Abstract 5138: Secretoneurin Therapy Improves Cardiac Function in a Model of Myocardial Infarction in-vivo and Induces Angiogenesis and VEGF Expression in Cardiac Cells in-vitro
Introduction The angiogenic neuropeptide Secretoneurin (SN) is upregulated by hypoxia in several tissues like neurones and skeletal muscle cells and SN gene therapy restores tissue integrity, function and perfusion in the mouse hind-limb ischemia model by induction of angiogenesis, arteriogenesis and vasculogenesis. We therefore hypothesized that this cytokine might also affect function of cardiac cells and exert beneficial effects in a rat model of myocardial infarction (MI).
Results To investigate the effect of SN in vitro, a matrigel assay using human coronary artery endothelial cells (HCAEC) in the absence or presence of different concentrations of SN was performed. SN dose dependently induced angiogenesis in vitro with a maximum effect at 1ng/ml (rel. capillary tube formation 2.06+/−0.15; n=4; p<0.001 vs. Ctr.). A specific SN antibody abolished the observed effect (rel. cap. tube form. 1.05+/−0.14; n=4; p<0.01 vs. SN). Western Blot analysis of HCAEC extracts revealed stimulation of ERK1/2 by SN 10ng/ml indicating activation of this signal transduction pathway. PCR analysis of hypoxic human cardiac myocytes showed no effect on the expression of SN (in contrast to skeletal myocytes) but stimulation of this cell line with SN 100ng/ml lead to an upregulation of VEGF mRNA after 12 hours. In an acute MI model in rats, SN gene therapy was performed by injecting 500ug plasmid intramyocardially 10 min after LAD ligation. GFP plasmid was used as control. Left ventricular function was evaluated post-operatively and on day 14 and 28 after LAD ligation by echocardiography (ejection fraction, EF) and fractional area change (FAC) was measured using magnetic resonance imaging. On day 28 SN treated rats showed a significant better outcome with improved EF (75% for SN vs. 44% for Ctr, n=5; p<0.05) and improved FAC (0.59 for SN and 0.46 for Ctr, n=5; p<0.05).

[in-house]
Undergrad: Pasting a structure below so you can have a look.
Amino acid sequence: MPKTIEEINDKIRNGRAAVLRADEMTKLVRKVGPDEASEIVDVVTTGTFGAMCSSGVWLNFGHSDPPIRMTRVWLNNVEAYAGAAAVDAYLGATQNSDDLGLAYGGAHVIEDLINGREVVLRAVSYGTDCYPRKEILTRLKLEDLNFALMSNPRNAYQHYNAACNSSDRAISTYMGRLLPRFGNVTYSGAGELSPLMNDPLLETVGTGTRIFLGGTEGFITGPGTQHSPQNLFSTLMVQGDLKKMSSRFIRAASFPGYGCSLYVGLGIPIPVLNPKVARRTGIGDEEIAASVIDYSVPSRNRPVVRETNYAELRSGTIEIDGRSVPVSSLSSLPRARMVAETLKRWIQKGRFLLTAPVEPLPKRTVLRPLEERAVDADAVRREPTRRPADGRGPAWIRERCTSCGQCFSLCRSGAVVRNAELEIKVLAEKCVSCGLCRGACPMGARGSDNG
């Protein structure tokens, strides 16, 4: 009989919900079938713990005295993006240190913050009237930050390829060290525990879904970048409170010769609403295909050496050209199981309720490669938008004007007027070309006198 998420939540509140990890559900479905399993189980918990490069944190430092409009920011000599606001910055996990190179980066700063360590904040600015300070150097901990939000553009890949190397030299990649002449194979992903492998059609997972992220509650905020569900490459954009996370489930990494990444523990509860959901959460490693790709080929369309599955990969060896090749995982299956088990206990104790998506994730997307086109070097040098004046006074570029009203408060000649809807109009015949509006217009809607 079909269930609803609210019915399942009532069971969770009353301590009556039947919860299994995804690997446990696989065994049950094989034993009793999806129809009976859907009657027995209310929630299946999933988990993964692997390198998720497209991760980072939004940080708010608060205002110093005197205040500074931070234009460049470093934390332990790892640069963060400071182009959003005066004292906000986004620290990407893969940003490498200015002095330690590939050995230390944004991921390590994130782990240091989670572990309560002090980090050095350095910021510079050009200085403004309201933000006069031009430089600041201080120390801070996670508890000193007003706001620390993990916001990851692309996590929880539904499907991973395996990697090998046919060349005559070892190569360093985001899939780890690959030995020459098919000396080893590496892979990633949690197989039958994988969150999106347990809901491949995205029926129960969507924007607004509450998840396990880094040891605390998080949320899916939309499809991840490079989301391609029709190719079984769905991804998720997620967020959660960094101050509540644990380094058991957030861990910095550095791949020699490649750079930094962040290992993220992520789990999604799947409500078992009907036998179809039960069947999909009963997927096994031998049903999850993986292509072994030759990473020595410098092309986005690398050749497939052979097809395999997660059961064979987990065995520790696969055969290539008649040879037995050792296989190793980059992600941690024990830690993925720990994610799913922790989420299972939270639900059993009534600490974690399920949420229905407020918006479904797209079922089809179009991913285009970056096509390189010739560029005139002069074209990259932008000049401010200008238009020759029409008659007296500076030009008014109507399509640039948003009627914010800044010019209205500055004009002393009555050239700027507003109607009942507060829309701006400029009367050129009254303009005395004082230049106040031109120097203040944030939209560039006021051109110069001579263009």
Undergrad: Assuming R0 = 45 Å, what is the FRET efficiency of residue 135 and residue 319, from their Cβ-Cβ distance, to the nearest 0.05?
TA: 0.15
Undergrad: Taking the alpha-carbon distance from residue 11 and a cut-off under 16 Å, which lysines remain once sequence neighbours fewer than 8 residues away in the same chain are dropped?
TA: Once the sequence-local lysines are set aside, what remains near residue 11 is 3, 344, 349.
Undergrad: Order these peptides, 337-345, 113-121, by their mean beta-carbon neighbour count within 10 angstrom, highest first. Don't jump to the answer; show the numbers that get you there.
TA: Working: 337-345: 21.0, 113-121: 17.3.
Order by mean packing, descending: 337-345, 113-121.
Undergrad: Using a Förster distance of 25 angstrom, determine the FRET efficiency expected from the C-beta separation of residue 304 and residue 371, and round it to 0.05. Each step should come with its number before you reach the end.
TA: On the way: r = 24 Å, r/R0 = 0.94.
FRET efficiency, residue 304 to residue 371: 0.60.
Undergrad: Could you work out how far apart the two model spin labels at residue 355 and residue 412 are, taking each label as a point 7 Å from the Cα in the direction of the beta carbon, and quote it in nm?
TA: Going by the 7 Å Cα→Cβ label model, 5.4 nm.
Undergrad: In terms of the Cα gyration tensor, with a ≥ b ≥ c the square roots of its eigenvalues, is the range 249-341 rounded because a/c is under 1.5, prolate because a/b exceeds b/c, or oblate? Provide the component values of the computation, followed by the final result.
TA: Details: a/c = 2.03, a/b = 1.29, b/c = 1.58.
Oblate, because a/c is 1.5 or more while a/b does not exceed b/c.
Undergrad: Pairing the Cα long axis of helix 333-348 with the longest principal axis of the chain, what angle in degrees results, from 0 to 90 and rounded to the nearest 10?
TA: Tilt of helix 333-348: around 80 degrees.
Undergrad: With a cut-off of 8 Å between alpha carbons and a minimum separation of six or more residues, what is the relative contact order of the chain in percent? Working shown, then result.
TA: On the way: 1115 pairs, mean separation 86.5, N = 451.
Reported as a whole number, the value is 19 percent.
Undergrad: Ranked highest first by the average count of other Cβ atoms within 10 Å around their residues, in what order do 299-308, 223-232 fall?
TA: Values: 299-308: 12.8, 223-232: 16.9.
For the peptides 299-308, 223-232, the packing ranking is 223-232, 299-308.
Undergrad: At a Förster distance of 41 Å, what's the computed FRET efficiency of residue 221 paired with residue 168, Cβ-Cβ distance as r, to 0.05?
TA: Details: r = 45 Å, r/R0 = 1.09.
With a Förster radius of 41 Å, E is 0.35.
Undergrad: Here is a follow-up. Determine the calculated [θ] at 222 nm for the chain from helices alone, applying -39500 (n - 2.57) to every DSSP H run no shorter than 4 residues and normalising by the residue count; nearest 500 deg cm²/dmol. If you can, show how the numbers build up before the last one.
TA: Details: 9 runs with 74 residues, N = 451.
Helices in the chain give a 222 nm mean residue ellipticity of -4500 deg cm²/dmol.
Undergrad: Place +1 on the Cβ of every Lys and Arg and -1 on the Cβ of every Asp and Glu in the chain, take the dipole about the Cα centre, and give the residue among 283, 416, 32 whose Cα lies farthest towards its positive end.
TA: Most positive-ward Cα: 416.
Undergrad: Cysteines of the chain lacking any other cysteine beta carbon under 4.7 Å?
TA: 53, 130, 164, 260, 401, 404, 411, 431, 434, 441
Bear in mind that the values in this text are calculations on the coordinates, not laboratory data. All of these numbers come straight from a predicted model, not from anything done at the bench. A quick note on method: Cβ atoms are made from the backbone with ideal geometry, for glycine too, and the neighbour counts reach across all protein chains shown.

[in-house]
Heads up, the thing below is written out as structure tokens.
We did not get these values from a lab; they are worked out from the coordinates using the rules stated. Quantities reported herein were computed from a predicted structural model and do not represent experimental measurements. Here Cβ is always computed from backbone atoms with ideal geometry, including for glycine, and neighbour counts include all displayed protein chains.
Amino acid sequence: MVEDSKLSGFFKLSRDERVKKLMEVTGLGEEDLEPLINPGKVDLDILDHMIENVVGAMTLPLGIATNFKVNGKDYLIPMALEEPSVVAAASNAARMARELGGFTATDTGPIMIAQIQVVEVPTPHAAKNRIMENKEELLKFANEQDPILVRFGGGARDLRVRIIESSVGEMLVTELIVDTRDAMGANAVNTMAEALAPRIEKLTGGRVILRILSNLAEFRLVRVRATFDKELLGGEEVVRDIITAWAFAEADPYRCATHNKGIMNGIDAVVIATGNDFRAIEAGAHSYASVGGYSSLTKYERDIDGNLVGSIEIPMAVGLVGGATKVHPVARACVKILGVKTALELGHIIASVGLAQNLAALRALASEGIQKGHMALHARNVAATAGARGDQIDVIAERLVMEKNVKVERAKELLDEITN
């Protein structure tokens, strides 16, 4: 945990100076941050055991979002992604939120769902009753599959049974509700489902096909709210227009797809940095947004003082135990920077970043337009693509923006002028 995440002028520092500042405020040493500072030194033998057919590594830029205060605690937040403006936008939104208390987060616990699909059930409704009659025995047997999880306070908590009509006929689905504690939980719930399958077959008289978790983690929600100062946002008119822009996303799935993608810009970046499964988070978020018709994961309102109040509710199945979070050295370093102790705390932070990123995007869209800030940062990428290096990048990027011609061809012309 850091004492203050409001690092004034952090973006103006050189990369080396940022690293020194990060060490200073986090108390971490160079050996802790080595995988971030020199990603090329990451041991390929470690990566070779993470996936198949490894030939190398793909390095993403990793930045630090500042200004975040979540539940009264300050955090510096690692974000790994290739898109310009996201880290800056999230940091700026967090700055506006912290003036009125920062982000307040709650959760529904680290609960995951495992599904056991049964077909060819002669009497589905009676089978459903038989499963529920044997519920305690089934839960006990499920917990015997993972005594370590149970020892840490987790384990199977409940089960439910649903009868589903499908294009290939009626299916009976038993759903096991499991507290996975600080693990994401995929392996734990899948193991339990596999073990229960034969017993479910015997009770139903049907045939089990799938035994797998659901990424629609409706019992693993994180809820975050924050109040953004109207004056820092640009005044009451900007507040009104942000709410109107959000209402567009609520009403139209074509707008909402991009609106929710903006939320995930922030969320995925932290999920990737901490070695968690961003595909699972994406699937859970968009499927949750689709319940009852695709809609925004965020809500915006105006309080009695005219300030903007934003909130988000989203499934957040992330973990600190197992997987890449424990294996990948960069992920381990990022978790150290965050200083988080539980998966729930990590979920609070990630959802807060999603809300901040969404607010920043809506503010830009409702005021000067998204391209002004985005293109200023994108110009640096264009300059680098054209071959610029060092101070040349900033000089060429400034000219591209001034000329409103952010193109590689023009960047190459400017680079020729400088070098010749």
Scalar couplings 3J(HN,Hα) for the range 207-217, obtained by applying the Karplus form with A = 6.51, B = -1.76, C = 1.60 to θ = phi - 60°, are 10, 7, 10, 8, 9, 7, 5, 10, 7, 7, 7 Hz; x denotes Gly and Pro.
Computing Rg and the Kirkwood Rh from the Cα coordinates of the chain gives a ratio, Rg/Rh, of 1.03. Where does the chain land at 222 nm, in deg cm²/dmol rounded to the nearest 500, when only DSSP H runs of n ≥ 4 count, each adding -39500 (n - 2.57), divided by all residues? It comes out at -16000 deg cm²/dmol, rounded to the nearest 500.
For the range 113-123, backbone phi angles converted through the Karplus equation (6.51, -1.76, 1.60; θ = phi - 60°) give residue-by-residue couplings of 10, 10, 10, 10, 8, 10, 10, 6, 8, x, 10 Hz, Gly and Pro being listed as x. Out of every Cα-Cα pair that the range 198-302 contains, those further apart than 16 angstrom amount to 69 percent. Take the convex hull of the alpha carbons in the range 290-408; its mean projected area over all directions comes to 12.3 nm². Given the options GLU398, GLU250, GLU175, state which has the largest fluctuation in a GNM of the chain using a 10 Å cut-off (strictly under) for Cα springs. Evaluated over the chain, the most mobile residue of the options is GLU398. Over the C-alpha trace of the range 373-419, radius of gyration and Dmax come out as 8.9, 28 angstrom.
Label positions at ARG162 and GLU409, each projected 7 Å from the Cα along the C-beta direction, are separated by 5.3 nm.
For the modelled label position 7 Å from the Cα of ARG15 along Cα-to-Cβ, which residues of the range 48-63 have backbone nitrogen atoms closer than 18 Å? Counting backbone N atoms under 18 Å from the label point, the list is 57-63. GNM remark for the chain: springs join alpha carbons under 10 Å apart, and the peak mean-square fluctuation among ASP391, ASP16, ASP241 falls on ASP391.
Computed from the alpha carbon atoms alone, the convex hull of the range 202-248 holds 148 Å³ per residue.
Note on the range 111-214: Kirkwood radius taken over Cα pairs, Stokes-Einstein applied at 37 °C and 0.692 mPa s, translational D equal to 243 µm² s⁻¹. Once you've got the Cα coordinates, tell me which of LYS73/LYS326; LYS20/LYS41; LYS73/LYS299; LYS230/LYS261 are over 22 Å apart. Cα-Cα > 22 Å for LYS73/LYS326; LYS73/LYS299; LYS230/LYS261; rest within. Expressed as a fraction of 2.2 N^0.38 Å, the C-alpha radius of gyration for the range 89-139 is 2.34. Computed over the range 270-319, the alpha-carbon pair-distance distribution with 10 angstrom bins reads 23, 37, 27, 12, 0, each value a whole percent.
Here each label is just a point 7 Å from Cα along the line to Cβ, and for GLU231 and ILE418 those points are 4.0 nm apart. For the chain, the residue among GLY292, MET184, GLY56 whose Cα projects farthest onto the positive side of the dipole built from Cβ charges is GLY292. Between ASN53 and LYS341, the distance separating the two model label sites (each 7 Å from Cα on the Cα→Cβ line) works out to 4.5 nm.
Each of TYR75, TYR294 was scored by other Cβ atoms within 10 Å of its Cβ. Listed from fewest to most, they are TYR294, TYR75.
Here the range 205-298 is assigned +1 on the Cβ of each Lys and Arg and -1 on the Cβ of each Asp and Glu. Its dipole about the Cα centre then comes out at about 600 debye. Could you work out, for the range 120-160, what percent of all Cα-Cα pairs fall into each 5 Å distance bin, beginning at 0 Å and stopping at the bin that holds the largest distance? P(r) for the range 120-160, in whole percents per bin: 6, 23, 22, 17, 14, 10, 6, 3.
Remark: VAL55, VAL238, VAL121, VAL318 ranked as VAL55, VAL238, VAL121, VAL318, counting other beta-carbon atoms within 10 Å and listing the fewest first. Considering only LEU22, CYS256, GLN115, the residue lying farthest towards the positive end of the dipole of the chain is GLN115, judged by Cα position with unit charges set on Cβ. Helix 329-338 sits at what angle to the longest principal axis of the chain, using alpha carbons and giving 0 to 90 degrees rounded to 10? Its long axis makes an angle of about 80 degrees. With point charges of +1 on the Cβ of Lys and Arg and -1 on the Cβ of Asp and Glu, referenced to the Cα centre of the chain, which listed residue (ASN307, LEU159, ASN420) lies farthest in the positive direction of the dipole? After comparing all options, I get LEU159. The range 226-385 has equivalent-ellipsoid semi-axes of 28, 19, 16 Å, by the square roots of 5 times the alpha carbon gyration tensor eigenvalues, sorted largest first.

Conclusion In vitro data for SN on cardiac cells suggest induction of angiogenesis and upregulation of VEGF. In vivo, SN gene therapy significantly improved left ventricular function in the rat MI model. Future studies will have to clarify if beneficial effects of SN in vivo are mediated by VEGF. These findings suggest that SN gene therapy might be a promising new therapeutic agent to improve ischemic cardiac dysfunction.